For the Lakeside Leader
We’ve finally had some rain this week and although it is getting quite late in the spring migration season, we did see some better migration as a result.
It is too bad that this change in weather came after the peak period for most species, including some of our top-banded species, such as ovenbird and Swainson’s thrush. Had this rain showed up even a week ago, we probably would have had a lot of luck with banding. It didn’t though, and as it stands, with fewer than 500 birds banded, we are on pace to have one of the slowest banding seasons since our establishment.
We may have missed out on the heavy-hitters, but thankfully we are still well within the migratory windows of mourning warbler, common yellowthroat, American redstart, Canada warbler and alder flycatcher. So we have seen and caught decent numbers of them.
One surprise capture this week was a female Connecticut warbler. Connecticut warblers are a medium-sized warbler that are closely related to the mourning warbler. They are both very yellow on the underside and have grey hoods. The key difference between the two species is that the Connecticut has a bold eye-ring and the mourning does not (except sometimes a very thin, indistinct one). You can also differentiate them by behaviour. Connecticut warblers walk, while mourning warblers hop. Connecticut warblers are often on people’s ‘lists’ when they come here. They are a naturally scarce, shy bird and plenty of birders search for years to find this elusive warbler. We very rarely encounter any breeding as they prefer boggy habitat, or mature, open, wet woodlands, but we do have the odd one show up in the nets every year or two.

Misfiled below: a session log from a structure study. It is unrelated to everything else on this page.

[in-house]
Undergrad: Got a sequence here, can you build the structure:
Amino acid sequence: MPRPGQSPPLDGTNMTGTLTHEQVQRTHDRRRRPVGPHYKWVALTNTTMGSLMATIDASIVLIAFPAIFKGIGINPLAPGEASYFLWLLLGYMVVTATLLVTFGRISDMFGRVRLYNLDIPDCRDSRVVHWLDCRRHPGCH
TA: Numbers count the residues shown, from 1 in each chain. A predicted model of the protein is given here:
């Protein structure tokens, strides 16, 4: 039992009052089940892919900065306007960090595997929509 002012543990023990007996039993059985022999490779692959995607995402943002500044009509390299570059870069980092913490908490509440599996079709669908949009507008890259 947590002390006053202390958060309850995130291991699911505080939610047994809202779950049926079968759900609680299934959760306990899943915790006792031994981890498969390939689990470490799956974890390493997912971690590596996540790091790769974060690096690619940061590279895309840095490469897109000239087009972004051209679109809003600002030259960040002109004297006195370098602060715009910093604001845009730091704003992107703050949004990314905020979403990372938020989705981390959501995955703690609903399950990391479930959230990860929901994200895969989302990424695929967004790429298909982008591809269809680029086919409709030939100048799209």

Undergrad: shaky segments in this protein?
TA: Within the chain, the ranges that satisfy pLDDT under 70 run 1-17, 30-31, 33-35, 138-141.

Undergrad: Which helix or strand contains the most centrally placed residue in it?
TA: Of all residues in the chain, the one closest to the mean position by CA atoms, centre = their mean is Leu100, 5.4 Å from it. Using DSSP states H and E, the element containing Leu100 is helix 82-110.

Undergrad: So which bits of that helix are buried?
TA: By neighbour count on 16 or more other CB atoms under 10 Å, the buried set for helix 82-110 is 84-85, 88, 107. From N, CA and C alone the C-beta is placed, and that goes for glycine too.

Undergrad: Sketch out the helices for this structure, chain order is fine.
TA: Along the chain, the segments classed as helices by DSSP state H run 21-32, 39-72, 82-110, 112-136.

An even more interesting capture was a grey catbird. We have only banded six other catbirds in the last 25 years and for good reason – their range does not typically include our area. Normally they are found about as far north as Edmonton, and even then in very low concentrations. They breed in thick, shrubby habitat throughout the parkland and are one of the few mimids in North America that does actually mimic.
The mimidae family of birds is a diverse group of birds that include catbirds, mockingbirds and thrashers, and is named such for their mimicking abilities. Thrasher species make up the majority of the species in the family, though, and they do not mimic like the mockingbird and catbird do.
We only have another week and a half until spring migration monitoring ends on June 10, and hopefully the good birding weather and banding keeps up and we are able to reach a banding total at least somewhere near the average of 900. Even if it doesn’t though, it is nice that although we are not catching much, we are still catching some interesting birds here and there.